Cultures & Traditions
The Etruscans ruled powerful cities in central Italy before the Romans. They spoke a language unrelated to early Latin or any Indo-European language, so their origins are obscure. At the height of their power in the 7th to 5th century BCE, they dominated the areas of Tuscany and Umbria north of Rome, the city of Rome on the lower Tiber River, and parts of Italy between Rome and Capua, near Naples. Their wealth and power were due to their control of important iron deposits. They were expert metalworkers, sculptors, and builders.
The arts of the Etruscans were strongly influenced by Greek art, which they imported and adapted. This mixture of Greek art and myth with native Etruscan beliefs can be seen in the pair of funerary shields (135.2012.5-6) with the head of the river god Acheloos. Acheloos, a shape-changer, fought in bull form with the Greek hero Herakles but was defeated by him. The horned human face reflects this story. The physical sensuality so typical of Etruscan art appears in the powerful, fleshy face of the demigod. Acheloos also looks cheerful, since the Etruscans, unlike the Greeks, saw the afterlife and the world of the gods as being much like human life, with its appetites and pleasures.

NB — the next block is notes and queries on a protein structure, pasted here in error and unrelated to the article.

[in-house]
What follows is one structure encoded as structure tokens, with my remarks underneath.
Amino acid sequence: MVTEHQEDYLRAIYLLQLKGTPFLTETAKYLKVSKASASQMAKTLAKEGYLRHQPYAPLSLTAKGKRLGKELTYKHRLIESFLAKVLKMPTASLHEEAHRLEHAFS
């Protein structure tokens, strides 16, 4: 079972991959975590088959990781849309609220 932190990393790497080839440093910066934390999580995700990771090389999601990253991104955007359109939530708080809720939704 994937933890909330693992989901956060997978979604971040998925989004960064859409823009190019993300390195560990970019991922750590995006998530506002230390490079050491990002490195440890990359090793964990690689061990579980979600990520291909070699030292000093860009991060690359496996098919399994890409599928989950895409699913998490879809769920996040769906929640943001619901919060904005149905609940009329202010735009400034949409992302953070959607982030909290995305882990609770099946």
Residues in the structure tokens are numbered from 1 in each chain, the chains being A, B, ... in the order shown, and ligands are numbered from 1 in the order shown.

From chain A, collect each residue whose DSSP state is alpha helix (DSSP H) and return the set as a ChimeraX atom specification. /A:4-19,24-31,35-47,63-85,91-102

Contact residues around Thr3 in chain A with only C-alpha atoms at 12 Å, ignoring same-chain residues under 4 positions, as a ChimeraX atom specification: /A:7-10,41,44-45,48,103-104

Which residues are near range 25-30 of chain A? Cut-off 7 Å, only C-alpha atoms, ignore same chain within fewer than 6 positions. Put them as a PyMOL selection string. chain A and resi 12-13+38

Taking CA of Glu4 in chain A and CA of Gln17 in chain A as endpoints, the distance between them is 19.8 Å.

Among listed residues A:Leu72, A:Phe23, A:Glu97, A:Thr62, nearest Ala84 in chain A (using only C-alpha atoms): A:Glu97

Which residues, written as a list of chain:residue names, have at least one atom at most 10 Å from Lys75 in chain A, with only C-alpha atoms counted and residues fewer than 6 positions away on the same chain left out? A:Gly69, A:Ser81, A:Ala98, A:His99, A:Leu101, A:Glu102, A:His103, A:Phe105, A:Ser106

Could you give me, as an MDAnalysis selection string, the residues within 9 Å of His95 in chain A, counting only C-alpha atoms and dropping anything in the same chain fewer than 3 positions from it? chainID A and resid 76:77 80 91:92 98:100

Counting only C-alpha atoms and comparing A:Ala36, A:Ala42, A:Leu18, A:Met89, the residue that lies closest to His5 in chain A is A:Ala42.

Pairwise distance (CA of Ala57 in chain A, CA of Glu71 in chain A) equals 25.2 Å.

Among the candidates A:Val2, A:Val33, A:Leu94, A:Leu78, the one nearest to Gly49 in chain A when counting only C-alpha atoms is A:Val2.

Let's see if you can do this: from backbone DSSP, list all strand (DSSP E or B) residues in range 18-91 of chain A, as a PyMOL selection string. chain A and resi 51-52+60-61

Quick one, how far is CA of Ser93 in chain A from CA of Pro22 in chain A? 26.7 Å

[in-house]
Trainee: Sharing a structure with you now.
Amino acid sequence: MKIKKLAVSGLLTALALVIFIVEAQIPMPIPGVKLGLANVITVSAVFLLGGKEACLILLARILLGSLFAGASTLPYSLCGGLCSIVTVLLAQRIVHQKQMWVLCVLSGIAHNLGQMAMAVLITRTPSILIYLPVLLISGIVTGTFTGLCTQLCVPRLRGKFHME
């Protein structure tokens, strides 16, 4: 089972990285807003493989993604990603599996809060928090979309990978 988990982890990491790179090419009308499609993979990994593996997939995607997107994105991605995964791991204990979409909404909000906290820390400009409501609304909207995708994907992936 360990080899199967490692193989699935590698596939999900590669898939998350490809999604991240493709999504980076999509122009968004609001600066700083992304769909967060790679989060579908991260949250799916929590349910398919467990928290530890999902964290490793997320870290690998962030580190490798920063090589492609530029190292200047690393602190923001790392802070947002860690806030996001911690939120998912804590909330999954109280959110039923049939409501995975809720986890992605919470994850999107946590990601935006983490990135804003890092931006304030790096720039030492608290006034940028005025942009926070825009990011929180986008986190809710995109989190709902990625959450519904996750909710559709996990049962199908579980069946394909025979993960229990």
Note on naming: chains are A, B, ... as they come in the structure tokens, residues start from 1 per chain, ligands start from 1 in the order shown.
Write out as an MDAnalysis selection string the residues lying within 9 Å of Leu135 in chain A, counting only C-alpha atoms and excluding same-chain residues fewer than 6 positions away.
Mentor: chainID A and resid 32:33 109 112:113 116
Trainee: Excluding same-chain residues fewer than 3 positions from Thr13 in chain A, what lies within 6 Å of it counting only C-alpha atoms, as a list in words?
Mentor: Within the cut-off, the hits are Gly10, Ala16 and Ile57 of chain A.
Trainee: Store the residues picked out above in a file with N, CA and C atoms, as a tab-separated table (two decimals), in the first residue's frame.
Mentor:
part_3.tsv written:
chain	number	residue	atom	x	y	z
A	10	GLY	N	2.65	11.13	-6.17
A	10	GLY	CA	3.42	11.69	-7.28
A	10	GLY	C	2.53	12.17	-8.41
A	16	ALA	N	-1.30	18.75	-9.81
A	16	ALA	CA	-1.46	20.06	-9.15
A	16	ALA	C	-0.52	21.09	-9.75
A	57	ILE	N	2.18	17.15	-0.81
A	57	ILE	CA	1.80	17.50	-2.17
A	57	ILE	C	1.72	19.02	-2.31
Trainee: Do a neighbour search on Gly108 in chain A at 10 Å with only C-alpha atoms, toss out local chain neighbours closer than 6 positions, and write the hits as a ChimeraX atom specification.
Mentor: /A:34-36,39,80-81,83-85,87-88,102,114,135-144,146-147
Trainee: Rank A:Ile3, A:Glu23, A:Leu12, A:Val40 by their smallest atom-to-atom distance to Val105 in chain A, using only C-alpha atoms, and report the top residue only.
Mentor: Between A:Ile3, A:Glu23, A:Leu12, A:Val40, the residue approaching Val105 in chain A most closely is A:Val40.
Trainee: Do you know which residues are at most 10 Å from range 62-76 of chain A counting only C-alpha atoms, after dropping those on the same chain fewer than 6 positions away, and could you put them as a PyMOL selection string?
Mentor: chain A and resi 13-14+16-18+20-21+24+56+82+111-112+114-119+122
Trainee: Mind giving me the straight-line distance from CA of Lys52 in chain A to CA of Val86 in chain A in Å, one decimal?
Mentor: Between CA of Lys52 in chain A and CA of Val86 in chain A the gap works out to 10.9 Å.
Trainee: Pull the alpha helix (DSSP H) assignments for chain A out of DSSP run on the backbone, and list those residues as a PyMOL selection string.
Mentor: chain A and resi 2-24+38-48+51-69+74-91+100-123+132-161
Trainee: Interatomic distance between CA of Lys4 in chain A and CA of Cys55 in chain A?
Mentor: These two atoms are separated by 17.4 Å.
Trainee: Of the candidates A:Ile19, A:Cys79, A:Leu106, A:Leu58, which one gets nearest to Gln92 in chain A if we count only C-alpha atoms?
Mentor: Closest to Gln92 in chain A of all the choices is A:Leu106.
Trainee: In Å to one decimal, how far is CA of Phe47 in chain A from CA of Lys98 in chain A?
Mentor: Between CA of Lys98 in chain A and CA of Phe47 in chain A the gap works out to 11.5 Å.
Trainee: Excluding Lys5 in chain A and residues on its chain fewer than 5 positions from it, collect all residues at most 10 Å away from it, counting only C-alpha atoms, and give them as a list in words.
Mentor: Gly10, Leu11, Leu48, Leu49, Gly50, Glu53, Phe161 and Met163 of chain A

DMA Gallery text, Cecil and Ida Green Galleries, transcribed November 3, 2016.